In this study, we evaluated the risk of congenital abnormalities associated with multidrug exposure during the first trimester of pregnancy in infants of HIV infected mothers.
We retrospectively collected maternal HIV, obstetric, and paediatric data on a cohort of mother-infant pairs where the mother was known to be HIV infected before delivery and delivered at one of six inner London hospitals between 1 May 1994 and 30 June 1999. All such women, including those who had a medically indicated late termination of pregnancy or in utero death/miscarriage after 20 weeks of gestation, were included.
Data were extracted from case notes using a pre-agreed proforma and included maternal age, ethnicity, CD4 count (lowest) during first trimester (0–12 gestational weeks), antiretroviral and other drug therapy per trimester of pregnancy. All structural defects present at birth were recorded as congenital malformations. Data were entered into Microsoft Access software and analysed with stata 5 statistical software.
Frequency distributions were derived for sociodemographic data, potential risk factors for birth defects, and uptake of therapy during pregnancy. First trimester exposure was divided into three categories to reflect the number of drug classes: no exposure (baseline), exposure to folate antagonists only or ART only, and exposure to folate antagonists and ART. CD4 counts were categorised into two groups to reflect the severity of immunosuppression (≥200 ×106/l and <200 ×106/l). The primary outcome was defined as the presence of congenital abnormalities at birth. The association of categorical variables with the outcome was assessed using χ2 significance testing and of maternal age using t test. In univariate analysis, the Mantel-Haenszel method was used to calculate crude odds ratios (OR) for each first trimester exposure category compared with the baseline category. Multivariate analysis was not performed because of the small number of outcomes.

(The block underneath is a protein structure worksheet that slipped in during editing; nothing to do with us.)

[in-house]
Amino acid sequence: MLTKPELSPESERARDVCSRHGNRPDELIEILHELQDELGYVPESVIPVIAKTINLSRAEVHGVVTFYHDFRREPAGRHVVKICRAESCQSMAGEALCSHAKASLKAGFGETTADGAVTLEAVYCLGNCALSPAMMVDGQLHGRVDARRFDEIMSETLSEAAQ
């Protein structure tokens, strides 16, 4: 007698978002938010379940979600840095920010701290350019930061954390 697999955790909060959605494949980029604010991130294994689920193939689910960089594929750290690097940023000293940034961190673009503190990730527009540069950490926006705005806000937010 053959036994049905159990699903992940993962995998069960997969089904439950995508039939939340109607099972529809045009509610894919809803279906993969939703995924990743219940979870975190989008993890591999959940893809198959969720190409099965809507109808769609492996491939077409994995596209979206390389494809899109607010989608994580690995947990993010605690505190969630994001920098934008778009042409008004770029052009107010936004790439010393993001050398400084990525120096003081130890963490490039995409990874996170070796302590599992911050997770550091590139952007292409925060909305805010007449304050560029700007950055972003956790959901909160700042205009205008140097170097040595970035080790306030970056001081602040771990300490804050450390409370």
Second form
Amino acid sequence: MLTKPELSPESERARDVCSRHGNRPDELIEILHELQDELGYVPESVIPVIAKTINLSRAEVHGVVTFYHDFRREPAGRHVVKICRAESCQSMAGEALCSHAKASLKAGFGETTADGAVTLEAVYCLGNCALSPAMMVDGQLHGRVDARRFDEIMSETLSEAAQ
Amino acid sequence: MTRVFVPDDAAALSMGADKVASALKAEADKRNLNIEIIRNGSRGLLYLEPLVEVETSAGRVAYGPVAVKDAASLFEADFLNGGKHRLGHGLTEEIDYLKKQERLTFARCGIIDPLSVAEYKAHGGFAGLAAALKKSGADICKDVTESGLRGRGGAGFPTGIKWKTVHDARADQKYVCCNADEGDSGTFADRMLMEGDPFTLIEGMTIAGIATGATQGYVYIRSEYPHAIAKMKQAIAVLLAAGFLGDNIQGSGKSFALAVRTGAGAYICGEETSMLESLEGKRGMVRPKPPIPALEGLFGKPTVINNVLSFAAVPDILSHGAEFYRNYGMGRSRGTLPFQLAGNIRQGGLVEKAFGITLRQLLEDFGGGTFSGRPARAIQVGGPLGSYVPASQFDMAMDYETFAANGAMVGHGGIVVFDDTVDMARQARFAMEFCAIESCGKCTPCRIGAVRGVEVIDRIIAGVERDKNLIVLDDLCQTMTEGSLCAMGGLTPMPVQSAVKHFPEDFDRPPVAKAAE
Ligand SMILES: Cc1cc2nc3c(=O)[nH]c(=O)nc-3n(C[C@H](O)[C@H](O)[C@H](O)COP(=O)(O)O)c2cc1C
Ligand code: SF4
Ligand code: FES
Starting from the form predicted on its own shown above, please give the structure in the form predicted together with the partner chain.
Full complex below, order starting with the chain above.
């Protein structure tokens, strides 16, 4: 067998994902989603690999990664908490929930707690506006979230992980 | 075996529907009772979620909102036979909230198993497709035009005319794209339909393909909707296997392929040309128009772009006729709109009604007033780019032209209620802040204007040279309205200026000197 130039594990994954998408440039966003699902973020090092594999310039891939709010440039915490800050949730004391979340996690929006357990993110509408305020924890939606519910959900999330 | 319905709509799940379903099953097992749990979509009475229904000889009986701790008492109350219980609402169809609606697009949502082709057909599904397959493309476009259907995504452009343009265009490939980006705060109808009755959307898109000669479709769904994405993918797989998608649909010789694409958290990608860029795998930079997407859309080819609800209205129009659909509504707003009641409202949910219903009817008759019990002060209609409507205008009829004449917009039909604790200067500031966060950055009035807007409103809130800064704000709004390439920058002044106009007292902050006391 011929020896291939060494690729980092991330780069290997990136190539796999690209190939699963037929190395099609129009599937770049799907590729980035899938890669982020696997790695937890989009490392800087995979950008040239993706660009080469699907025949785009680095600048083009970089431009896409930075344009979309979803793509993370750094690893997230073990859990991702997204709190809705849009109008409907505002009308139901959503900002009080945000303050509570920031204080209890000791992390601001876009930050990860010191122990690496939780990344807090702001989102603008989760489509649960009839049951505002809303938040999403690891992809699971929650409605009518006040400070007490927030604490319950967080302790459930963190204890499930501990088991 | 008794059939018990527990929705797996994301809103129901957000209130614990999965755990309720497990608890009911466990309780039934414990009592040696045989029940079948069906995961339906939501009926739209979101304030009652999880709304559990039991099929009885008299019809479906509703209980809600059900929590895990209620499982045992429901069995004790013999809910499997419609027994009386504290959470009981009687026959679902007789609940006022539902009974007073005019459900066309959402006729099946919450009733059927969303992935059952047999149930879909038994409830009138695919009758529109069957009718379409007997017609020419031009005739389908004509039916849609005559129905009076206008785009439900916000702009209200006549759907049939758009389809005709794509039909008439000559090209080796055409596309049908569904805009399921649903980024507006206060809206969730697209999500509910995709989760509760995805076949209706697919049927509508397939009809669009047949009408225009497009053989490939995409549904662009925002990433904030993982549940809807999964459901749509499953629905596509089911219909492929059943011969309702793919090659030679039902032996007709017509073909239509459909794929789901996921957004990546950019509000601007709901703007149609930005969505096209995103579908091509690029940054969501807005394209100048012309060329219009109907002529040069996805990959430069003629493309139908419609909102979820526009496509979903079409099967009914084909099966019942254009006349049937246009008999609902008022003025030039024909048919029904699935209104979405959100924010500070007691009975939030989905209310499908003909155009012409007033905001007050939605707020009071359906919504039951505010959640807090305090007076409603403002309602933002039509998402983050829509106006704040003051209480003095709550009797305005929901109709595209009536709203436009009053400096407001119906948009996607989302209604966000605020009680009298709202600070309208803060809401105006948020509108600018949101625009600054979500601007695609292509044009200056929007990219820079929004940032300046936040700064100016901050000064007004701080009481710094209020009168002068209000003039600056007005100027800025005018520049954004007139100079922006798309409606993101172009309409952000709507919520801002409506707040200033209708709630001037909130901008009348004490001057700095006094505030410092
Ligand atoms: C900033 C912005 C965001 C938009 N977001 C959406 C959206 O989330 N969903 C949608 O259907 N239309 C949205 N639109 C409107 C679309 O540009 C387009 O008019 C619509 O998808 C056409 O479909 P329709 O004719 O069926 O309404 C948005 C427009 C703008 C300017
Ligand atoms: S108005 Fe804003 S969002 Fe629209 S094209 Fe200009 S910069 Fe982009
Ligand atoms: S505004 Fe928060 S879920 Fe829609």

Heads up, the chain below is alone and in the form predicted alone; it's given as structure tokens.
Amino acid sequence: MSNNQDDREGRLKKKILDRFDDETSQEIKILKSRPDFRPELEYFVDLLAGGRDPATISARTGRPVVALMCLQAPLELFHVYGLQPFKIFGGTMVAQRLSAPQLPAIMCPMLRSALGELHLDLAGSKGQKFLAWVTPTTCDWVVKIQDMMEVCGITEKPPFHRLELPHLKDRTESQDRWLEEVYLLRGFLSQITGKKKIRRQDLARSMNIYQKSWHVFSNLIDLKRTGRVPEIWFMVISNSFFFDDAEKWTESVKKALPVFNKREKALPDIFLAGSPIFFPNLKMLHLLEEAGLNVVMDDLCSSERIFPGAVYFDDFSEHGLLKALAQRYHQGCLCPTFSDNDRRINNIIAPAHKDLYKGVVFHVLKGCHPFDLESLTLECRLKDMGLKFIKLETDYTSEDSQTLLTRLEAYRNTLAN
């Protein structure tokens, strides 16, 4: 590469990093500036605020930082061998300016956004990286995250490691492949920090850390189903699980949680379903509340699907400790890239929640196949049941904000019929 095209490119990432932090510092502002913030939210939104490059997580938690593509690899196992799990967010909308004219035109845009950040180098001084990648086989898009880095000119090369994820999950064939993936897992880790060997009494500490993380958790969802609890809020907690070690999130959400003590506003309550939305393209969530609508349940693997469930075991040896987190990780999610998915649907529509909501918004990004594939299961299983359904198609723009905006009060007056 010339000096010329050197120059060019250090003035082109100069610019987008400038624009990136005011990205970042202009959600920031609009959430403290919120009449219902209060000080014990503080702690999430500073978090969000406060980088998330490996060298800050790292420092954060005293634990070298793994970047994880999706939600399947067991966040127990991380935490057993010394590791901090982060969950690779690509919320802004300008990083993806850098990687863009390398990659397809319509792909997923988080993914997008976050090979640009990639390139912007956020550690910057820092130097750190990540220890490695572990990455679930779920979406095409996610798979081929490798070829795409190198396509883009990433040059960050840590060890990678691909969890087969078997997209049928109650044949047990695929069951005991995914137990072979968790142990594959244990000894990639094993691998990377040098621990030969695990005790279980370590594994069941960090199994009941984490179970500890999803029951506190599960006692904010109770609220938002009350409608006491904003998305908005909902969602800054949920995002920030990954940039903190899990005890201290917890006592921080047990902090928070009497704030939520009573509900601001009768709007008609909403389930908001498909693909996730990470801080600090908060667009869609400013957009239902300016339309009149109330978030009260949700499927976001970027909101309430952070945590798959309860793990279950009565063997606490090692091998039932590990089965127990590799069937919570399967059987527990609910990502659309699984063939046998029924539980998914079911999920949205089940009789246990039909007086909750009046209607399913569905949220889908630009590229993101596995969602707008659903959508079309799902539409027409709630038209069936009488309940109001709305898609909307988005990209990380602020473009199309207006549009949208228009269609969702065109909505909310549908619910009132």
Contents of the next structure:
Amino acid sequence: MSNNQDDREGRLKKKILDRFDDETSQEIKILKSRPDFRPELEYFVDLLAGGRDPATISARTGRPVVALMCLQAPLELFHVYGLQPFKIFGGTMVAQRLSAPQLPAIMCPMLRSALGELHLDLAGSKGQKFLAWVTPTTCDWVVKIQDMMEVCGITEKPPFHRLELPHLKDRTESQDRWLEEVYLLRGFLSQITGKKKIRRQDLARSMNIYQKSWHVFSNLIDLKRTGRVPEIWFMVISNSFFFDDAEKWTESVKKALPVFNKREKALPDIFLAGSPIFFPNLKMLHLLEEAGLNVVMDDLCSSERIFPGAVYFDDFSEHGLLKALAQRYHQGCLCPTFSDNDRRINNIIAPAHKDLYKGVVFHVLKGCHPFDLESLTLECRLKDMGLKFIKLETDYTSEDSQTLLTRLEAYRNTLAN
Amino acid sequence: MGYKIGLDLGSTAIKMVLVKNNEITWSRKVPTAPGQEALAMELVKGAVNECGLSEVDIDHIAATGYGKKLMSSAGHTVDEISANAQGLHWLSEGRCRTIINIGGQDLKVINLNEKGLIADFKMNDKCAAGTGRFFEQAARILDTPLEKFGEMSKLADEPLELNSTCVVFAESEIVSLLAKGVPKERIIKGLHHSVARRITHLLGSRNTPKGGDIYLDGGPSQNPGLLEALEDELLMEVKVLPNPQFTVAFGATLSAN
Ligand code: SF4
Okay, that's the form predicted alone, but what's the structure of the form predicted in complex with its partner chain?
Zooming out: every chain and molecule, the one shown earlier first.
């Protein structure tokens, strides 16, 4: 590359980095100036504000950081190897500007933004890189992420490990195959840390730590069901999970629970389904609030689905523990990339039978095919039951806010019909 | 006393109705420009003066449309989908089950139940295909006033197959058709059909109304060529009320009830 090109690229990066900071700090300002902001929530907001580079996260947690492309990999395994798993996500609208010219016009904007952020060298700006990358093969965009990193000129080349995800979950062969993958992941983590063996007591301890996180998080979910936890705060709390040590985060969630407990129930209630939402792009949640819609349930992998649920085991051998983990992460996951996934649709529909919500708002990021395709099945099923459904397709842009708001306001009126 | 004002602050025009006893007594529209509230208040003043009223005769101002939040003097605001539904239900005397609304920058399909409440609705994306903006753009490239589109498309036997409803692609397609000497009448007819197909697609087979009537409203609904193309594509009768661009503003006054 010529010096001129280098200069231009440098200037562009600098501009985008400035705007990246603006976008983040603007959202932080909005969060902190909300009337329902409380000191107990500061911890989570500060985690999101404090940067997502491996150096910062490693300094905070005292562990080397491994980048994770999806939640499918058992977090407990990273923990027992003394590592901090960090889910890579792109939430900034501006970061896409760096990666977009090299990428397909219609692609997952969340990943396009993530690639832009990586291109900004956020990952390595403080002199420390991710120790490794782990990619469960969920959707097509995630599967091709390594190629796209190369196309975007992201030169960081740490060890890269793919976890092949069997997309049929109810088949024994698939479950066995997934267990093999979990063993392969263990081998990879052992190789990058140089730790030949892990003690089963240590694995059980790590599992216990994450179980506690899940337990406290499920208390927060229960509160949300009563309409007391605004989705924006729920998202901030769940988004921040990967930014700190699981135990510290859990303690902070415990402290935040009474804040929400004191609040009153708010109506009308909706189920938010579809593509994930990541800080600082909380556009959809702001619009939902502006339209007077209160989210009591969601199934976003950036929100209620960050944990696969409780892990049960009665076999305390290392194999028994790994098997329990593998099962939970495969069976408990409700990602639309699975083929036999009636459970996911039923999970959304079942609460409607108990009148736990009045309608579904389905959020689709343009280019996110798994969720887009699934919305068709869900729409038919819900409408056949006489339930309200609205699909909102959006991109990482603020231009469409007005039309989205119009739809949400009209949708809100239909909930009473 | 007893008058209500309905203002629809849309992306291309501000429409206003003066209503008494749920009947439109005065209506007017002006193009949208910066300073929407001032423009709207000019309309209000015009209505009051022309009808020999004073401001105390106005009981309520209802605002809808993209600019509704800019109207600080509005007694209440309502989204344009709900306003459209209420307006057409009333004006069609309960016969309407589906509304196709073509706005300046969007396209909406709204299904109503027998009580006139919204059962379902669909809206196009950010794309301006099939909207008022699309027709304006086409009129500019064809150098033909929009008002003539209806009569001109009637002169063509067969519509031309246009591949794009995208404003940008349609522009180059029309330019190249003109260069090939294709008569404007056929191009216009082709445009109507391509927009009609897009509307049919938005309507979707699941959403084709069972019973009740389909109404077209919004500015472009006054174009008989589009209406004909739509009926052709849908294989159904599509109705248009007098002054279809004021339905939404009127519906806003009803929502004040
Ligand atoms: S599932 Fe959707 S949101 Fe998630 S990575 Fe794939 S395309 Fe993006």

Of the 211 eligible mother-infant pairs, medical records were missing or incomplete for 16, leaving 195 mother-infant pairs (92.4 %) available for analysis. Mean age of the mothers at delivery was 29 years (SD 4.7), 137 (70.3%) were multiparous, and the median CD4 count during the first trimester was 255 ×106/l (IQR 150–400, n=177). The majority (156/195, 80%) were black African and 14.4% (28/195) were white.
ART during pregnancy increased from 33.3% (4/12) in 1994 to 84% (31/37) in 1996 and remained high at 92.5% (37/40) during the first 6 months of 1999 (p=0.01, trend). First trimester exposure to ART increased from 0% (0/12) in 1994 to 20.4% (10/49) in 1998 and to 27.5% (11/40) in the first 6 months of 1999 (p=0.0004, trend). Eighty four (43.1%) infants were exposed to other medication during pregnancy; this includes 44 (22.6%) infants exposed during the first trimester. Table 1 shows details of antepartum drug exposure.